Oct.16 — The Black Monday crash was 30 years ago this week. “Black Swan” author Nassim Taleb was a trader for First Boston at the time. He made a lot of money while others lost fortunes. He recounts the experience with Bloomberg’s Erik Schatzker.
Aug.16 — Nassim Nicholas Taleb, adviser at Universa Investments, sat down for an interview with Erik Schatzker Tuesday evening in New York. Taleb, famous for his assessment of risk, says there are greater risks out there than nuclear war with North Korea.
For fat tailed distributions, the empirical distributions does not reflect the true statistical properties, particularly for extremes. This is a simplified side note to a paper with Mark Spitznagel on why people make a mistake by looking at raw historical data as “empiricism”.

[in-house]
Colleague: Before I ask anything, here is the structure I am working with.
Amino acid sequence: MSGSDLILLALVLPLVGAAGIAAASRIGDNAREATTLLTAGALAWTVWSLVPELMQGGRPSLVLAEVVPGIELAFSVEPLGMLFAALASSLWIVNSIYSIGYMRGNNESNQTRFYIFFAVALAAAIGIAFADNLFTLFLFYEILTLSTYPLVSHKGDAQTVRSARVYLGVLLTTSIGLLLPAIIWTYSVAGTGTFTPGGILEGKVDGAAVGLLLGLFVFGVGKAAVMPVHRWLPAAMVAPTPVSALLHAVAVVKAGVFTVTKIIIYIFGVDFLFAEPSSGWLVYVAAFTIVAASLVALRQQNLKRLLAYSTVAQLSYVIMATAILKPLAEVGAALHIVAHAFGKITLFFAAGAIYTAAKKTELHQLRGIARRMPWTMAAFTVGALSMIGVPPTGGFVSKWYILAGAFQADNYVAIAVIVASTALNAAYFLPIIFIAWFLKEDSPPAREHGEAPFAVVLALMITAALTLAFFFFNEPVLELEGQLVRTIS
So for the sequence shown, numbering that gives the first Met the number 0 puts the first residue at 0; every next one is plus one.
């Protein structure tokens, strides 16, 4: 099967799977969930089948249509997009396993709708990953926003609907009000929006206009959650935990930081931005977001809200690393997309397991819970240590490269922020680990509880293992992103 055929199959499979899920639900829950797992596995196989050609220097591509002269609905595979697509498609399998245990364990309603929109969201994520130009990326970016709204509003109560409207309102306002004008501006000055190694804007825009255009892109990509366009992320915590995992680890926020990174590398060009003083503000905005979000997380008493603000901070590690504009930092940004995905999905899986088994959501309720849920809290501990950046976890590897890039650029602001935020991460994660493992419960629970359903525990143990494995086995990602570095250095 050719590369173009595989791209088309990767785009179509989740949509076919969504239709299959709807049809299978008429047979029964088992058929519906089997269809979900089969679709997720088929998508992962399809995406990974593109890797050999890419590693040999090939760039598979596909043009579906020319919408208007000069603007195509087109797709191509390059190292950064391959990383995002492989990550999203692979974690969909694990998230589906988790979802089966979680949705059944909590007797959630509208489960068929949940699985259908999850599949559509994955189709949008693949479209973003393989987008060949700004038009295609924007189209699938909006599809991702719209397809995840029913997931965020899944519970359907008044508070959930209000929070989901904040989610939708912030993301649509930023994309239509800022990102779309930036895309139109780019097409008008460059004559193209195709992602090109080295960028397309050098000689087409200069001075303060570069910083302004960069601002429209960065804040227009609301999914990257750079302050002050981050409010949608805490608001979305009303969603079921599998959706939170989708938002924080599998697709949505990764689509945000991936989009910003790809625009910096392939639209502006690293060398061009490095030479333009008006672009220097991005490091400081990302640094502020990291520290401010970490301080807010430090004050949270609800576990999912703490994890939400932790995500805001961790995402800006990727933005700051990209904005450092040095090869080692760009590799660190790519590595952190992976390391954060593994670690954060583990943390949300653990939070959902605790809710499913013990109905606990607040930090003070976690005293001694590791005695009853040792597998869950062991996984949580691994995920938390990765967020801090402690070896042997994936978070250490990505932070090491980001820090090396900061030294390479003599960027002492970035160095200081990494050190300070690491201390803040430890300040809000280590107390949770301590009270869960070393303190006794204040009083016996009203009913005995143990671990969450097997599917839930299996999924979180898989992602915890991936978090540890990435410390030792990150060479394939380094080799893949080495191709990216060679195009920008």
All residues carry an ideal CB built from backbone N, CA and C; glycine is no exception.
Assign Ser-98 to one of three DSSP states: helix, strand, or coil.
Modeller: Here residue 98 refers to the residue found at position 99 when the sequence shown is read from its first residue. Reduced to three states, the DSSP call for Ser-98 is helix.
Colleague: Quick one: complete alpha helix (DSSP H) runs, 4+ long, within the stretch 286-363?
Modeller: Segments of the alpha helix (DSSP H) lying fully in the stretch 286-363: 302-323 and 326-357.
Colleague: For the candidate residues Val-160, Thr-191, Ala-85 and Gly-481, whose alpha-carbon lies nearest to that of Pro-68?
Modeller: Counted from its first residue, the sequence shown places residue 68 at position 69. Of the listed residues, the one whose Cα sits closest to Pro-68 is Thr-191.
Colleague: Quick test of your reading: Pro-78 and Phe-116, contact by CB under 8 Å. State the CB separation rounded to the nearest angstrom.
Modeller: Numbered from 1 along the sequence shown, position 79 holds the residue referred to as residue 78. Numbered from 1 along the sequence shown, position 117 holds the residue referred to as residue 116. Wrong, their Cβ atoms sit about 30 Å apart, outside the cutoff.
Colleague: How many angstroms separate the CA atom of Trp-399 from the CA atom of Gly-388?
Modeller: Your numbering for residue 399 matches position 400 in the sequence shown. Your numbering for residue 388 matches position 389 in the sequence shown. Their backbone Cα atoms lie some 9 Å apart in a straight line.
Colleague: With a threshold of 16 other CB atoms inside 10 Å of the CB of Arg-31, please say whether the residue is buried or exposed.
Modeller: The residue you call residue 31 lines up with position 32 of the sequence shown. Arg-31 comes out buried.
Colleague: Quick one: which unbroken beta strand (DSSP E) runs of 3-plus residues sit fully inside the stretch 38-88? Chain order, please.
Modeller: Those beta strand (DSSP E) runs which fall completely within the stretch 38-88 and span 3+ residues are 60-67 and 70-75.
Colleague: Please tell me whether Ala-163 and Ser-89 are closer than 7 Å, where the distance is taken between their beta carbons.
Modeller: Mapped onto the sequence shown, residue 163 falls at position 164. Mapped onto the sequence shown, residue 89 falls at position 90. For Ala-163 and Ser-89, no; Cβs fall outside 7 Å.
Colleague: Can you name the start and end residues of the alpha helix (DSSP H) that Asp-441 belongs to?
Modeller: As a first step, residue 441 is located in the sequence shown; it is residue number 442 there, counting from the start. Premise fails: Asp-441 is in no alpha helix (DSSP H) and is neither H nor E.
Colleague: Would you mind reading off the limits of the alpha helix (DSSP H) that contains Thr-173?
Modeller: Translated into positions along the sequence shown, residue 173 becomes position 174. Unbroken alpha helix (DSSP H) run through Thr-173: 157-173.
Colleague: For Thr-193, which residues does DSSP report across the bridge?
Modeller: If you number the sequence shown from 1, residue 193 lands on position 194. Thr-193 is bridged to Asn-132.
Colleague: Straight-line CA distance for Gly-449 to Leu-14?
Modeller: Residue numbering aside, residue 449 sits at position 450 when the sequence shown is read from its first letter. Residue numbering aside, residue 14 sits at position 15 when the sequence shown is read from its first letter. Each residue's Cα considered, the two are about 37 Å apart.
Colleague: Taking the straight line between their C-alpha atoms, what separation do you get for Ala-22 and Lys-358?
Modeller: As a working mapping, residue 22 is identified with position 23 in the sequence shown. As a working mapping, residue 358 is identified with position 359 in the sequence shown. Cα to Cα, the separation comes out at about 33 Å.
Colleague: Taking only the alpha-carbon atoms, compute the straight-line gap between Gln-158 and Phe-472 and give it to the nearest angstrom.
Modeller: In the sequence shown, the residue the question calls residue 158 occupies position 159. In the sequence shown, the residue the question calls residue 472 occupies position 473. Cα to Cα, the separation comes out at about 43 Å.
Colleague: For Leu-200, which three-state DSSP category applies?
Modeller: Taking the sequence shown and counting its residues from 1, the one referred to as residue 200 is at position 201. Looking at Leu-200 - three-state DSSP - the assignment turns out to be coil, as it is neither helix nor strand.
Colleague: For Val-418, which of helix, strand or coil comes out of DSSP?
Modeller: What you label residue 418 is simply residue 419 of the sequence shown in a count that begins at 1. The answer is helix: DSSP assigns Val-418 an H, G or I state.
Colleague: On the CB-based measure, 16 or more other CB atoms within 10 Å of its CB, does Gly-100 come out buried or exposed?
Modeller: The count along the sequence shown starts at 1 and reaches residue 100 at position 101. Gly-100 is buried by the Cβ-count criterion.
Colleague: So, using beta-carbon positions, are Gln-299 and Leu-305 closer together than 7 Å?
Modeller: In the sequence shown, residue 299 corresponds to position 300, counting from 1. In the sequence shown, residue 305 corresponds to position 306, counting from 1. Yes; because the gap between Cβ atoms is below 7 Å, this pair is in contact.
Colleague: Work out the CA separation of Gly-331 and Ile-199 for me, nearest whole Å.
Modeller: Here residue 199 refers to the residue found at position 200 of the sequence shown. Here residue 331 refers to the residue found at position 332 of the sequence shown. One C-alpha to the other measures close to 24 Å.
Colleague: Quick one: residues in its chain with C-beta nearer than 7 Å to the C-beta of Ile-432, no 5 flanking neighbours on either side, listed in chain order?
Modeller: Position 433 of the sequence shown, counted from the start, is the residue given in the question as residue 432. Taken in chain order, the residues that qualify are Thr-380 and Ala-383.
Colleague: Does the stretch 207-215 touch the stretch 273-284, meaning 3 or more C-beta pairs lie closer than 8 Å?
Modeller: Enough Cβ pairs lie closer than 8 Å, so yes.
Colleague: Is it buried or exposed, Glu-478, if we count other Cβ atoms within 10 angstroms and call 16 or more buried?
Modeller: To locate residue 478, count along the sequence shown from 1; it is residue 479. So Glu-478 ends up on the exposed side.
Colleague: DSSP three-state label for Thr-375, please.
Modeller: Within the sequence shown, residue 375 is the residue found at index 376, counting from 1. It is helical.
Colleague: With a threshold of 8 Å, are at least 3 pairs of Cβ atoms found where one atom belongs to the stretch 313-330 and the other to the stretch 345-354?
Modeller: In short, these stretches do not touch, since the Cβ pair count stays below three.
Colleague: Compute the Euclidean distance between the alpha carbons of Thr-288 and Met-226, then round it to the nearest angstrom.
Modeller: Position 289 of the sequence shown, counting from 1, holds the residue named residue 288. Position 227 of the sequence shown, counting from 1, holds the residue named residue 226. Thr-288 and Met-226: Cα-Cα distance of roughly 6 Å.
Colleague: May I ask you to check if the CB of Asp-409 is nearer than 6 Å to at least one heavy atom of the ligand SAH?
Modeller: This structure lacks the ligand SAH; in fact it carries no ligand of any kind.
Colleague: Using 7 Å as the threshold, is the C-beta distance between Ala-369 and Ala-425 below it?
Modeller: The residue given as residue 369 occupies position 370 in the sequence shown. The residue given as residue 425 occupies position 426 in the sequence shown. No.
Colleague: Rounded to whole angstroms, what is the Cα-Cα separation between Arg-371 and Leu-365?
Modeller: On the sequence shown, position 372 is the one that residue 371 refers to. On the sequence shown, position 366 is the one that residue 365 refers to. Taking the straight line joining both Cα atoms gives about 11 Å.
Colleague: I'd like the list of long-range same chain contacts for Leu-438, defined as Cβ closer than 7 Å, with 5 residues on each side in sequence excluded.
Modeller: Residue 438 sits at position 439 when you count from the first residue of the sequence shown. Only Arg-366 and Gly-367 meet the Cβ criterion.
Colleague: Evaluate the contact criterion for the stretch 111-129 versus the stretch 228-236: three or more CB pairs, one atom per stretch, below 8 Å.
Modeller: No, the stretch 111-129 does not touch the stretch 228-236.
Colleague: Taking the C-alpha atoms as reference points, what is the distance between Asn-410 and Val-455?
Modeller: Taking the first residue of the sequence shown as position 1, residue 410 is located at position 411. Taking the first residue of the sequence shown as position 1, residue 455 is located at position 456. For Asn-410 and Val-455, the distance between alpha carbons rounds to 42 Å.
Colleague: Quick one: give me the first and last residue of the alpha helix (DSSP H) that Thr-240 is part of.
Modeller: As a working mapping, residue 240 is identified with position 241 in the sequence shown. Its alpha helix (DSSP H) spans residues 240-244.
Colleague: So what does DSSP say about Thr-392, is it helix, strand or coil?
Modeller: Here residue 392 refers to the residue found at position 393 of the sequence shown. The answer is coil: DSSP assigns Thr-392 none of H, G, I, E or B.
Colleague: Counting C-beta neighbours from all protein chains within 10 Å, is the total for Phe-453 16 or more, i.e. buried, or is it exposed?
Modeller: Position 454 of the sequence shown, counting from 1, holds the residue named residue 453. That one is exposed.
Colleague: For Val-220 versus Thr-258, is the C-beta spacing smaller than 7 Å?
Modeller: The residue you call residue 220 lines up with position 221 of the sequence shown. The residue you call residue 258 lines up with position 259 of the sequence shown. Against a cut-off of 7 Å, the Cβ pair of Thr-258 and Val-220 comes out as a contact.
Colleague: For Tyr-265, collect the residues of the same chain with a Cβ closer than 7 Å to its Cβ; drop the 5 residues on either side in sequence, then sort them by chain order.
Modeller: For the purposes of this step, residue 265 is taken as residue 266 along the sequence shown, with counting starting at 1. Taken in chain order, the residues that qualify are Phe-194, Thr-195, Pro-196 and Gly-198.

So I am fed up with academics who say “we know it is fat tails” yet not understand the consequences.
This tutorial presents the intuitions of the randomness of sample correlation (spurious correlation) and the methodologies in derivations. Some later sections are somewhat technical as Nassim rederived an old equation with more precise functions (in order to apply to fat tails) and showed the distribution of the maximum of d variables with n points per variable. This paves the way to the real scientific work on random matric theory under fat tails and the failure of Marchenko-Pastur.
Nassim discusses “how ‘evidence’ about the risk of terrorism as shown in the NYT and by BS vending journos makes no sense statistically” and “explains the difference between classes using principles of Extreme Value Theory EVT without any math.”